Hormonal teens in space should be a riot. Screw the gentility of “Star Trek” or the swashbuckle of “Star Wars” — let’s enroll at Starship High School!
OK, maybe not. The shoddy new film “Voyagers” shows us that youth on the brink of adulthood are buckets of scattered energy, who cannot drive a sci-fi story and are largely devoid of personality.
The idea of director Neil Burger’s movie is that a futuristic Earth is in dire straits, so a crop of young people are strapped into a spaceship and sent on an 86-year journey to inhabit a new world.
Running time: 108 minutes. Rated PG-13 (violence, some strong sexuality, bloody images, a sexual assault and brief strong language). In theaters.
“The crew will populate onboard the ship, and their grandchildren will be the ones who reach the planet,” a scientist says. Add flavored vodka shots and it’s “Love Island: Intergalactic.”
Strangely, though, the kids are formal and rigid, like Soviet gymnasts. They wear muted uniforms, do calisthenic exercises and passively listen to classical music. Smells not like teen spirit! Well, it turns out that they’re being drugged by the program and their handler Richard (Colin Farrell, barely awake). The kids gulp a Dixie cup of blue goo each day, which suppresses their emotions and libidos.
The government naturally would prefer its specimens produce offspring in the un-fun laboratory way, rather than allow a bunch of sex-crazed young people to go loco on an expensive spacecraft. Then — uh-oh! — the crew eschews the goo, and the teenage brain takes over.
Fans of science-fiction will recognize bits from vastly superior properties: The placating drugs of Aldous Huxley’s “Brave New World,” the closely guarded memories of Lois Lowry’s “The Giver,” the sequestered paranoia of “Alien.” They’re all here, and dumber. Of course, the most obvious parallel is “Lord of the Flies,” but Burger is no William Golding.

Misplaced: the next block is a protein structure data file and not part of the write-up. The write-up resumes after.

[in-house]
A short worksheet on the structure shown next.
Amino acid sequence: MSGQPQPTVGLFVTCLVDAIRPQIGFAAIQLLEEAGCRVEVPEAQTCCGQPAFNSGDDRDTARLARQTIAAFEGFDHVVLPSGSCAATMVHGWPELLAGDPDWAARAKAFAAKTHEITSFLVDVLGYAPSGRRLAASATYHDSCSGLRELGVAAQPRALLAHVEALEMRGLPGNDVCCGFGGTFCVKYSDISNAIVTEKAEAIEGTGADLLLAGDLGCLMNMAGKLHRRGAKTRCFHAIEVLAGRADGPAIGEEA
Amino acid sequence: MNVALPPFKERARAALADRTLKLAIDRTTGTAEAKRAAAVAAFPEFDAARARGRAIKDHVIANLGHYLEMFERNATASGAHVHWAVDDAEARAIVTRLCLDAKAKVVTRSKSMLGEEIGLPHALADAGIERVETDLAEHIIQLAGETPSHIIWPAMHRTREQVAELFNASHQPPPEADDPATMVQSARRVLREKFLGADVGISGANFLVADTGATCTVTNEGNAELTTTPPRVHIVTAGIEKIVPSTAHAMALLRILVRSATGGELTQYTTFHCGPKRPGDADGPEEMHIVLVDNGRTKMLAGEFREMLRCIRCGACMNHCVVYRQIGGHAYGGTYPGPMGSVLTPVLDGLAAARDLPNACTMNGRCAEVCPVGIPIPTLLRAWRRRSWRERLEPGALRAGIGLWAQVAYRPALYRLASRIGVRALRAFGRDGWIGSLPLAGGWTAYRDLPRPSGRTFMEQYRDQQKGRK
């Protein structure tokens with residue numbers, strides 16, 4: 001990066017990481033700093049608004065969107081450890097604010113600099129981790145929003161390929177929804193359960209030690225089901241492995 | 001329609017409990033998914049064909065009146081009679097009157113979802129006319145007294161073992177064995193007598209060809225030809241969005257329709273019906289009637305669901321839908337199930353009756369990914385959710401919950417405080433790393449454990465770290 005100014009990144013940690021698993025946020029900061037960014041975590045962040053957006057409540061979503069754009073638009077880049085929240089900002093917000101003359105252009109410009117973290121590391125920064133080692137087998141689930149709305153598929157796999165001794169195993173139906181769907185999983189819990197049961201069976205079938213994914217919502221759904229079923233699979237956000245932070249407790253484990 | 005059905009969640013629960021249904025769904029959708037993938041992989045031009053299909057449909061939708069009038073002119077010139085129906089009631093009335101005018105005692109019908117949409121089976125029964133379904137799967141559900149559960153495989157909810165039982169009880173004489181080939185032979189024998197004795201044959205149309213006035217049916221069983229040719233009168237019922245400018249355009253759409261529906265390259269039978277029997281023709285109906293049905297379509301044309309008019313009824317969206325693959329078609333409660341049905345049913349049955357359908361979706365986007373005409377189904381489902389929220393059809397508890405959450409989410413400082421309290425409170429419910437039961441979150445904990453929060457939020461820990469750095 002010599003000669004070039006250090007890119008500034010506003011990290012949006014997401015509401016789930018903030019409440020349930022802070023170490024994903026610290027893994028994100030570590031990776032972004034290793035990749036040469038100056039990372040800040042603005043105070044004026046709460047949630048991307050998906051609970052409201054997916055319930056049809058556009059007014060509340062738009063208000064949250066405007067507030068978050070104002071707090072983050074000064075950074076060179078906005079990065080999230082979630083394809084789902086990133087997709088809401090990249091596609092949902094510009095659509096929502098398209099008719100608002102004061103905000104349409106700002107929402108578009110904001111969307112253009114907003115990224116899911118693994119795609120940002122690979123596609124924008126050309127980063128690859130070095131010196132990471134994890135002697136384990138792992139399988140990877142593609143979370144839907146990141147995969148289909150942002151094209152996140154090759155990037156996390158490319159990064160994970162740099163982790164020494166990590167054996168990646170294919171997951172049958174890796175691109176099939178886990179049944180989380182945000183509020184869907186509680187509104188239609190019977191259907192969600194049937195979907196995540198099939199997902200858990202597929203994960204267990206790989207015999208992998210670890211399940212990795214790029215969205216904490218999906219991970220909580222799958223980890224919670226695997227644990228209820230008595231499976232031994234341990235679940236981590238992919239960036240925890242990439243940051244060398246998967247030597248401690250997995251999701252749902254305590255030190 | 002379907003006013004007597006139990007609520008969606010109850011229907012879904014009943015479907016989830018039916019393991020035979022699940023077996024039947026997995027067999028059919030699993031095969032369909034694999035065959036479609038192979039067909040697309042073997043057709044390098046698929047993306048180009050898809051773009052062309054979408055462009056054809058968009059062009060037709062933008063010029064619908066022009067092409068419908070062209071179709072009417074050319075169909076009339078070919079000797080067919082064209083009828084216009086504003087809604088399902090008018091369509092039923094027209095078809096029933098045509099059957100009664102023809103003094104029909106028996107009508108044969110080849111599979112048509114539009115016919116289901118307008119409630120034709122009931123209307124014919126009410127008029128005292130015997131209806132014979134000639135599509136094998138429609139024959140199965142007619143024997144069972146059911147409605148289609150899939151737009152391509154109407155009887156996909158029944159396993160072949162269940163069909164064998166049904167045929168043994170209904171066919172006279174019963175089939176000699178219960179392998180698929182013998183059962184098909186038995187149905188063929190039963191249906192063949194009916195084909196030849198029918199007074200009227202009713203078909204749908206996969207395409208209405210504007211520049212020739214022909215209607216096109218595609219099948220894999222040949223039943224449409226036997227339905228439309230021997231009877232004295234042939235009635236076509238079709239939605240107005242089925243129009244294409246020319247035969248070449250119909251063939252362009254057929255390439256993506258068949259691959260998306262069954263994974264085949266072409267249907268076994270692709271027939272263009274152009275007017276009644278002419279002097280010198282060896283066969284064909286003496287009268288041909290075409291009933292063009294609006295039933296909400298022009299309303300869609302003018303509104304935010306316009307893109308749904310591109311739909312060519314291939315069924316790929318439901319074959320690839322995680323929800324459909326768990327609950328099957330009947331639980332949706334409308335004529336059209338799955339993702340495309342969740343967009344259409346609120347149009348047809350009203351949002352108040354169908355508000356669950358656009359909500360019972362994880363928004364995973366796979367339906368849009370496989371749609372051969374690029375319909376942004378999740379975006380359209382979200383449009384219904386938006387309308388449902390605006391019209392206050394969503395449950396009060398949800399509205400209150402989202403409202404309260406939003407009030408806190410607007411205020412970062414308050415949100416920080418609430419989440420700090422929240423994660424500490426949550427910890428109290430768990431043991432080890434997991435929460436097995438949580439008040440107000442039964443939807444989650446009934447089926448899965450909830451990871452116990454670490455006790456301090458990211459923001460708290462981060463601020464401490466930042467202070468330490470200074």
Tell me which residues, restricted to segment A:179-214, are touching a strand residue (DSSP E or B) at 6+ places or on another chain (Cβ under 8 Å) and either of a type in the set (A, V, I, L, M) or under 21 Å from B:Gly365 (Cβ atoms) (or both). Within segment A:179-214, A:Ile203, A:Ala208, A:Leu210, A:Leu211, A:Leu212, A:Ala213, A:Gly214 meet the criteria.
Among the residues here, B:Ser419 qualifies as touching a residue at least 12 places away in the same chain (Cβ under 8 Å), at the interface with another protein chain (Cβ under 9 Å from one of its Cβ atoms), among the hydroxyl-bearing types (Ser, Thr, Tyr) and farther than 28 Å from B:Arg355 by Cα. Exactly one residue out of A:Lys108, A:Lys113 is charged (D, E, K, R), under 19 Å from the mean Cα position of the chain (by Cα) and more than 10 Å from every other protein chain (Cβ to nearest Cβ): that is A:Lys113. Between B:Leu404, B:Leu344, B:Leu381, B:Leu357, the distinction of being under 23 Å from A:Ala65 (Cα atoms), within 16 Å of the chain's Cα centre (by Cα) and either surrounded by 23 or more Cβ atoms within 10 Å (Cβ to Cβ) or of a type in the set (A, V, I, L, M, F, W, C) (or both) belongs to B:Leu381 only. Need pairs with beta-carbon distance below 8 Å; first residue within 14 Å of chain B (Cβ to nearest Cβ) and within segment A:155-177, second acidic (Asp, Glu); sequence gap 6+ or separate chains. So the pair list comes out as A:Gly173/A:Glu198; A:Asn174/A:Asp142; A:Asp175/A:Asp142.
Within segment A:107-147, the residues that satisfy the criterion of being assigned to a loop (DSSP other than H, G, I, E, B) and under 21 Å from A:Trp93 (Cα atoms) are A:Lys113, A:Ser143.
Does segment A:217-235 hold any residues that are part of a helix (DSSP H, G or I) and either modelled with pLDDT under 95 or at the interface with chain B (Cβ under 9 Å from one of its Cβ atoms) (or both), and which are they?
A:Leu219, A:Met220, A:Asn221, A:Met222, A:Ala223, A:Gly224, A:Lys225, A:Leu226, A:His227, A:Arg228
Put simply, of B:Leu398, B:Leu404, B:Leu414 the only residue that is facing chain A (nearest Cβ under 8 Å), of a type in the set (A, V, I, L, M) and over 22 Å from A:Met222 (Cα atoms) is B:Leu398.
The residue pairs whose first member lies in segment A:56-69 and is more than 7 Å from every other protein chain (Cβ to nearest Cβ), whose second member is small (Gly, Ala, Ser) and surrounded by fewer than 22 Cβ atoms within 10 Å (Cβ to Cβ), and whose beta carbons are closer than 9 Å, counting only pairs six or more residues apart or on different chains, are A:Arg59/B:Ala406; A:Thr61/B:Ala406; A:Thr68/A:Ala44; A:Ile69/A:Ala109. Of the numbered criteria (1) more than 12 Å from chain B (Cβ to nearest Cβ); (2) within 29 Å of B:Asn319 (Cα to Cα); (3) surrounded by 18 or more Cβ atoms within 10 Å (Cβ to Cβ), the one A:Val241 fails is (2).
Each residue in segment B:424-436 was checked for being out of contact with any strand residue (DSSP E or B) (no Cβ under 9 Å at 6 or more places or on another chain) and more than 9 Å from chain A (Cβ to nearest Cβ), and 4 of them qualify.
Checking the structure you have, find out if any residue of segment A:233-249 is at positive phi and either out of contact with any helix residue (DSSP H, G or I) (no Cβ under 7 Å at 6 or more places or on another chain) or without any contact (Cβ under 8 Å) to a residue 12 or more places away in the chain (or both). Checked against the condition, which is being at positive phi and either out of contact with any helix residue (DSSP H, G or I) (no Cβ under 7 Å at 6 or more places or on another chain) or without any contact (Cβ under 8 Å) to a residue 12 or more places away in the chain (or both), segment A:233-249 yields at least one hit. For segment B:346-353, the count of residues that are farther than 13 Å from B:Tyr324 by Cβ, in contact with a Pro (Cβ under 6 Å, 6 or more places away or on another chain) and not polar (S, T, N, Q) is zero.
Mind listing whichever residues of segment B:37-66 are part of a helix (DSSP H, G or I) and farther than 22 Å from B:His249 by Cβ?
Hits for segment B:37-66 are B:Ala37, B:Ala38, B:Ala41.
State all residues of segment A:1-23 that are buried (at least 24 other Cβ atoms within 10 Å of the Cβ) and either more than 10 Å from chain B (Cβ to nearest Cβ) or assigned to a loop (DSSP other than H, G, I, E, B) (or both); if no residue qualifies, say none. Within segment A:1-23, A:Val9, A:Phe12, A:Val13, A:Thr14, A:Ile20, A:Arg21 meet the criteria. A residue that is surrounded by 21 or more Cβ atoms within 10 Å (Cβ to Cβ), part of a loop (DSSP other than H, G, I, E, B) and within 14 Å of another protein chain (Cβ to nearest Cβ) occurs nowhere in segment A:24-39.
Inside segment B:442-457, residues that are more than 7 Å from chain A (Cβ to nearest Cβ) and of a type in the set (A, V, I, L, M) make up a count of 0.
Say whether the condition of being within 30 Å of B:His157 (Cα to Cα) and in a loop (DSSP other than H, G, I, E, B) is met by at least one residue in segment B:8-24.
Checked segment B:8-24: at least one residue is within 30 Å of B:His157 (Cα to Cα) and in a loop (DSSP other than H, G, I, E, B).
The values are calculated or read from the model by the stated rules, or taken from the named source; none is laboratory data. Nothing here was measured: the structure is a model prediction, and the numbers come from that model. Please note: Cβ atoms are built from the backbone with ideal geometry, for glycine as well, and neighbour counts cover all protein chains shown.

His film scores an F for intensity, even in the most violent scenes, and the sexuality is timid. The talented Tye Sheridan plays Christopher, the upstanding alpha male, and Fionn Whitehead is Zac, the crazed opposition leader. Christopher promotes order, while Zac sticks his thumb in a girl’s mouth unannounced. The dudes battle for control and the affection of Sela, played by a wax figure named Lily-Rose Depp.
Soon it’s spring break and everybody is ripping off their shirts while loony Zac leads them to believe a deadly alien is aboard. The description is more action-packed than the film, which is ho-hum and inert.
Burger’s half-assed attempt at an updated “Lord of the Flies” makes you long for a good old-fashioned school bus and a pig’s head on a stick.